So….this summer I started a professional doctorate (EdD at UBC) and after a lot of prevarication, perseveration and procrastination I have decided to write about it. A bit. Or parts of it. When I feel like it…..OK – let’s just see how this goes!
My grand idea was to explore complex themes of reflexivity and subsequently mine meaningful nuggets of wisdom from the blog to inform my world-changing doctoral thesis. In all likelihood it will be yet another form of displacement activity and comprise of observations about being a middle-aged student on a campus filled with hipsters – possibly sprinkled with insights about Foucault (I have none at the moment, but that man seems to pop up everywhere).
To say that it’s been a mind-blower would be an understatement. The program is designed for people working full time in educational leadership roles. Most of the participants are in K-!2 or higher education-type roles – a whole new vocabulary and frame of reference for the lonely two of us in health care (social work and radiation therapy). So far it’s been an uneasy juggling act of writing papers, group work, actual work-work, family stuff, binge-eating and panic. Already the subconscious whisper of “you should be writing” manages to flavour my (so-called) leisure activities*. The program format is 8 courses (including 2 electives), exams then the dissertation – in theory over 3 years (although average completion time is 7). Having gone the DCR (diploma) – end on degree- radiotherapy Masters route beloved of those trained in the UK in the 1980s (and before) I have very little experience of critical theorists like the lovely Monsieur Foucault – or concepts like neo-liberalism (hint – not a good thing) and (I am rather ashamed to say) even philosophers like Plato (a frequent guest star in our ethics course). But I am glad to report, it is all rather wonderful to consciously shift away from the technical focus of my day job and look at such questions as ‘what makes a good life’ in the company of 10 wise, kind and experienced people. It’s a luxury and a privilege to be able to tackle these ideas, and better late than never!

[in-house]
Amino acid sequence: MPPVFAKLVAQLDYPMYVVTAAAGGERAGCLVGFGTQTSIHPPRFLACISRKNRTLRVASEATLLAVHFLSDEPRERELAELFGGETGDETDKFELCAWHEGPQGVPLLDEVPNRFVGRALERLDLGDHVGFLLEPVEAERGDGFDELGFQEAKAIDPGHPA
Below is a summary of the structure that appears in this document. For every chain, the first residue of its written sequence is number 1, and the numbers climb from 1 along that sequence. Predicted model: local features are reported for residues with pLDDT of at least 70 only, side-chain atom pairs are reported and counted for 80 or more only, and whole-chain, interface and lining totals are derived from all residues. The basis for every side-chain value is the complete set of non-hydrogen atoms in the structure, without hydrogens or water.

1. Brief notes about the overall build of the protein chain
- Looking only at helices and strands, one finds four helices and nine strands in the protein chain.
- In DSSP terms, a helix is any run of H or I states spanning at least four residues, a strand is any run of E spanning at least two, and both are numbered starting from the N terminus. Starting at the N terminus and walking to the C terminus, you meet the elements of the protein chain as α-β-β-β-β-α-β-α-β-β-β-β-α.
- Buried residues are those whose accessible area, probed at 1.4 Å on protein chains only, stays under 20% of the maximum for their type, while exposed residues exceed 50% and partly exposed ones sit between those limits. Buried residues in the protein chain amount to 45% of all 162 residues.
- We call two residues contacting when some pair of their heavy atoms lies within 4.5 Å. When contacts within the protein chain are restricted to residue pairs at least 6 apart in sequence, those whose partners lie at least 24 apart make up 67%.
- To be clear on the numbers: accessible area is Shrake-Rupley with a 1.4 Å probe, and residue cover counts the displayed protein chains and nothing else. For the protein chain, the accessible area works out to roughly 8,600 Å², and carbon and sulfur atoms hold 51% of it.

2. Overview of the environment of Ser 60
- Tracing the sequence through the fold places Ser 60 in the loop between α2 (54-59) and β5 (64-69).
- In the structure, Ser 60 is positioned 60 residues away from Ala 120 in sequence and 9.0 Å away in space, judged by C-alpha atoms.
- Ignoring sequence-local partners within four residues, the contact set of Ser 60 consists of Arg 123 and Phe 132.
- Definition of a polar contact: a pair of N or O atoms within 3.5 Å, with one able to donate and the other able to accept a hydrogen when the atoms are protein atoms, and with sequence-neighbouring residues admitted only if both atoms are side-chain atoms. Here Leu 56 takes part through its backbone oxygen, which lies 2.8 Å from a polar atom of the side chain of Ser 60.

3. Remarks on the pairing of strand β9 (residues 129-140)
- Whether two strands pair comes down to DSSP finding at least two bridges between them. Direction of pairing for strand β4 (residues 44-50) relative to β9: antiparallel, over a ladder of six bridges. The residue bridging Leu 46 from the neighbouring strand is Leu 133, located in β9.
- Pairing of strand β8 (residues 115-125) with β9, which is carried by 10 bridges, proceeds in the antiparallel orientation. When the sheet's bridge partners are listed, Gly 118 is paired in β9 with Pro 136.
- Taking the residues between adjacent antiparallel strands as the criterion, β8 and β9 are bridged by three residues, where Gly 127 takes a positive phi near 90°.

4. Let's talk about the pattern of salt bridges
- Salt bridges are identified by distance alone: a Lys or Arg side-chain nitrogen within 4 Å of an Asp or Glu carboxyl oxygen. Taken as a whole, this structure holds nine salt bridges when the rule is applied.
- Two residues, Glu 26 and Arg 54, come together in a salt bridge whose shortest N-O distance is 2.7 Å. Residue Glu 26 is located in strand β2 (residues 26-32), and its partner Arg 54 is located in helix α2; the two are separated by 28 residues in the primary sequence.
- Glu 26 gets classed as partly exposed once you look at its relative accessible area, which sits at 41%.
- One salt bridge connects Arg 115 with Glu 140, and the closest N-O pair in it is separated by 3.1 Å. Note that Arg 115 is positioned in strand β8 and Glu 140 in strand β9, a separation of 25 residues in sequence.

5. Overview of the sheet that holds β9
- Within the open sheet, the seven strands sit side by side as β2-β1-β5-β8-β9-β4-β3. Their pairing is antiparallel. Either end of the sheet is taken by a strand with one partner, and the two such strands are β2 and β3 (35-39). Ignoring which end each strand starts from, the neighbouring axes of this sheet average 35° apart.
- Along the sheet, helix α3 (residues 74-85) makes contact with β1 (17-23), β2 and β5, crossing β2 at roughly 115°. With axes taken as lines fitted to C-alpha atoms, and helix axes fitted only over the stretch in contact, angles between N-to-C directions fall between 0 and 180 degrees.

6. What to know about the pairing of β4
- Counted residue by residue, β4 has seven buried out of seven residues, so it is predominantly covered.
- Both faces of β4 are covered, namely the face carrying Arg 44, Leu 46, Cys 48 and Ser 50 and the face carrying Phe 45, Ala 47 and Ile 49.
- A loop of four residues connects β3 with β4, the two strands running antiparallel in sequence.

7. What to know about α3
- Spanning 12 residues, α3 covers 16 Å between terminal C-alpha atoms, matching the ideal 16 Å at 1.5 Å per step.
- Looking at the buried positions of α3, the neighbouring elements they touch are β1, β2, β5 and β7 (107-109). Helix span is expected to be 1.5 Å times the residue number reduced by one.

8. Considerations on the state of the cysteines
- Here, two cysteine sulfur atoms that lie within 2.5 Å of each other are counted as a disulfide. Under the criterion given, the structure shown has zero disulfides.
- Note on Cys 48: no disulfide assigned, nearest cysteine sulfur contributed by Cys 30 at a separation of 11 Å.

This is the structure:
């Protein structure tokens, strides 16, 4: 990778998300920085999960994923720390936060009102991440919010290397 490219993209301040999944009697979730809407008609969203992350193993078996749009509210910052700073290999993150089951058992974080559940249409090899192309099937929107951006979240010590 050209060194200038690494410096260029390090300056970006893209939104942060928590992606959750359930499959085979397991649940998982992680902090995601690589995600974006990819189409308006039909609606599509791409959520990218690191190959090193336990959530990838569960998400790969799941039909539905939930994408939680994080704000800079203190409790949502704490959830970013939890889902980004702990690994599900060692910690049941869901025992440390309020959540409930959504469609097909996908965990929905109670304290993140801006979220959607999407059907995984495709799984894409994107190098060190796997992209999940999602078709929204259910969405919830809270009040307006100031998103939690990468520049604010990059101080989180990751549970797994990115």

My probable area of investigation is the experiences of health care professionals (HCPs) who are gay, lesbian and bisexual (GLB) in the cancer care system – I am really interested how their sexual orientation plays into (or doesn’t) their relationship with patients. I’ve been doing a lot of reading about GLB patients in our system – we could definitely make some improvements in helping them access care and feel welcome. Most of the research examining HCPs looks at the work environment – at homophobia for example. I would love to look at where the patient and HCP’s ‘horizons of understanding” meet (a concept from Gadamer illustrating the need to fully understand the other in a relationship). Does it make a difference? Does it matter? Does sexuality affect the fusion of horizons? Will I pick Gadermarian phenomenology as my critical framework – do I really know what it means yet? Stay tuned – more to come!
*Currently consisting of trying to keep up with my tyrannical FitBit, mess around with #MedRadJClub and binge watch Brooklyn 99. Oh….and Dr. Who.